She’s in the bottle shop, again. Every Tuesday around four thirty she’ll be standing there, picking up bottles, reading the labels, placing them gently back on the shelf, umming and ahing over the malt, the strength, the price. Eventually she will settle on one, different each week; today, it’s Jamerson Black Barrel. Last week it was straight Tennessee. Once she’s decided she’ll saunter to the till, pluck a lollypop from the stand and suck on it. Occasionally she’ll buy a pouch of amber leaf. She always pays in cash.
That was how I knew her, Roisin. Chin length red hair, green wool coat, a string of faux pearls resting on her angled collarbone. I found out, later, that she’d been given real pearls for her twenty first birthday, but she never wore them – ‘they simply don’t carry the same sentiment’.
She was the youngest member of the bridge club, only forty-six, and after each session she’d sit by the window in the local pub and play solitaire. No one ever sat with her; her presence was mostly ignored by the regulars, the locals accepted her with conscious indifference. She was wealthy, already retired, and kept herself to herself, sipping on her whiskey and water, flipping cards, watching. Occasionally, she’d catch the eye of an interloper who’d had one too many. ‘Hey ginger’ they’d jeer, slurring their words and struggling to find a better pickup line. She’d smile at them, gather her things, and leave.

I was five pints deep, sat alone in the pub smoking area, mid-September, cold fingers fumbling to roll a cigarette.
“Got a lighter?” the voice surprised me, my tobacco fell to the floor.
“Fuck. Uh… yeah, yeah hold on.” I patted my jacket pockets, pulled out a book of matches. She struck one and lit her cigarette, took a long drag as she shook the match out. I brushed the tobacco from my lap, and pulled a fresh paper from my tin.
“Who uses matches in this day and age?”
I shrugged, “I like the smell of them.” My hands shook, I dropped my tobacco again.
“Need a hand?”
I nodded, passed her the tin. She rolled quickly, efficiently, and passed me back the neatest rollie I had ever seen.
She sat down on the bench next to me, smoked, drank, watched sky filter through the colours of the sunset, dissolving into a deep star speckled void. We didn’t talk, we just sat, and when we finished our smokes we stubbed them out on the wall, dropped the butts in the ash bin, went back inside.
She went back to her game of solitaire, I went back to my friends. On three occasions Roisin and I shared glances; smiles across the room. After a while I got up to bring in another round, and by the time I sat back down she was gone, her table uninhabited save for an empty tumbler glittering with condensation.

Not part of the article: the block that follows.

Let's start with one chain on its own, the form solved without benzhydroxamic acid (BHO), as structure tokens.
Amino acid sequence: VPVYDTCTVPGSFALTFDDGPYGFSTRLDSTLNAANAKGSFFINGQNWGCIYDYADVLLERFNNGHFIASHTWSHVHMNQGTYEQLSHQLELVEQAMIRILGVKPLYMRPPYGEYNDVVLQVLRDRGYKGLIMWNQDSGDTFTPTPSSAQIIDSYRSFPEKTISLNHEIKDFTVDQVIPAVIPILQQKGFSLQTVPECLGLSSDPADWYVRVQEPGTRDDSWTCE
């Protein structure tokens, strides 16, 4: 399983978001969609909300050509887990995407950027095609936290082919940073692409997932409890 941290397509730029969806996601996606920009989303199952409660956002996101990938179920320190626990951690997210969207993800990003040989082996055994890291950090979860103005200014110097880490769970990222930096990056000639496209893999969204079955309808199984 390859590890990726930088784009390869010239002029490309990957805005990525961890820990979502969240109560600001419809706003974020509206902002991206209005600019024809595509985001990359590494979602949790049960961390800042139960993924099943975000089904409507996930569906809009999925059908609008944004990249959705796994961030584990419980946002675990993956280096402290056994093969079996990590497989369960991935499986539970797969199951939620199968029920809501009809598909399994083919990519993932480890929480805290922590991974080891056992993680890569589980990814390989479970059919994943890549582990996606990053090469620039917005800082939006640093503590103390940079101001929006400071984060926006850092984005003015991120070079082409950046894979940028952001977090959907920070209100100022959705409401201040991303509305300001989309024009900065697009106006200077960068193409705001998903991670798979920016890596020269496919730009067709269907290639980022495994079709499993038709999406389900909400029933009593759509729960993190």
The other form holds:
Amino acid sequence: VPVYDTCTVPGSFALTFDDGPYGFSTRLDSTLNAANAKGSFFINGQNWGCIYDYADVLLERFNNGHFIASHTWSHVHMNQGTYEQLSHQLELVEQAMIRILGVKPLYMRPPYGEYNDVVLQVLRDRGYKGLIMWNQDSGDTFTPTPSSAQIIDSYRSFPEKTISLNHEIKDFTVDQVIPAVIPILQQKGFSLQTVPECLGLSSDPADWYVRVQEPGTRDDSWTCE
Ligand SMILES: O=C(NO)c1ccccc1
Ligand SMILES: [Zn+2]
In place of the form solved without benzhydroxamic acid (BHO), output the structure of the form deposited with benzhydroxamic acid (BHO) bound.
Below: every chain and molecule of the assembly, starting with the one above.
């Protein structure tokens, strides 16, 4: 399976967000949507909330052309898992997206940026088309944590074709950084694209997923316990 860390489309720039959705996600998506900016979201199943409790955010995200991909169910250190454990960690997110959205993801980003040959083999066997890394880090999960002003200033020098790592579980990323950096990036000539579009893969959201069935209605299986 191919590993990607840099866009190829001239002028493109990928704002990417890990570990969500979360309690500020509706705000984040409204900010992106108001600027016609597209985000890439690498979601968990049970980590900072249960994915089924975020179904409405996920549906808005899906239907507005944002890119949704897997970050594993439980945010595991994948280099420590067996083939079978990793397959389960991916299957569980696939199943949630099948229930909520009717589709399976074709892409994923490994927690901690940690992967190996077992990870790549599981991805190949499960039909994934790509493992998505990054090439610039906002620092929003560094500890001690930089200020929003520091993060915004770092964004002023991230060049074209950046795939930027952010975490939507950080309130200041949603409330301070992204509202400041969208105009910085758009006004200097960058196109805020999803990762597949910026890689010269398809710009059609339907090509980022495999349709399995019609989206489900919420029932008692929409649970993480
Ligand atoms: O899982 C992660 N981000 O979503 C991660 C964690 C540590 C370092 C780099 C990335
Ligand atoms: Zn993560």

In the pub that next week she caught my eye from across the room, raised two cigarettes and gestured with her head towards the door. It began with comfortable silence, a brief exchange of words while we watched the world change colour. She taught me a few tricks on how to roll better, curling the edges of the paper before you fill it with tobacco so it tucks easier, leaving the filter half out so you can tap it back in when you’re done to keep it neat. It became a thing, smoking together on a Thursday night.
She started dropping by the bottle shop on my lunch breaks, we’d sit out back by the bins, share a pastry, watch the clouds. There was something deeply familiar about her, like I’d known her longer even than I’d known myself. She spoke about life as if she’d done it before, like this was her third or fourth run-through.
She once said, “You remind me of myself when I was your age… Or of a life I nearly had.” She took a deep drag on her cigarette, turned her face away. “I had a kid when I was young, she was called Annie, she’d be a little older than you are now. She would’ve turned twenty seven last month.”
“She died. Six years old, leukaemia.” Her words were thick, I could tell she was crying, “marriage fell apart. It’s normal, really, when a child dies, but when you’re that young, I don’t know. It changes you.” she reached out and gently squeezed my hand. “I like to think that if Annie had lived, she’d be like you.” I squeezed back.

“I’ve never liked whiskey.” I admitted. It was half one in the morning, and we were sat on a worn-down sofa in the taxi rank, waiting. She smiled at me, blinking slowly.
“I’m told it’s an acquired taste.”
“Tastes like mud.”
“No,” she laughed, “it tastes like life.”
“So, life tastes like mud?”
She laughed again. A man across the room was shaking the vending machine, trying desperately to free a stuck packet of crisps.
“My Grandma drank Glen Moray. She was raised in Scotland. She used to say each bottle told a story, and when you drink it you can taste the oak it was aged in. Grandpa drank Bushmills, it was sweeter, more delicate. When I got sick when I was little they’d give me some. Och aye, jest a wee glass tae take the edge oaf, git rid ay that auld chitter. Now when I drink either, it tastes like home. Like an open wood fire, and cat fur, and absence.” She pointed out the window. “Taxi’s here.”

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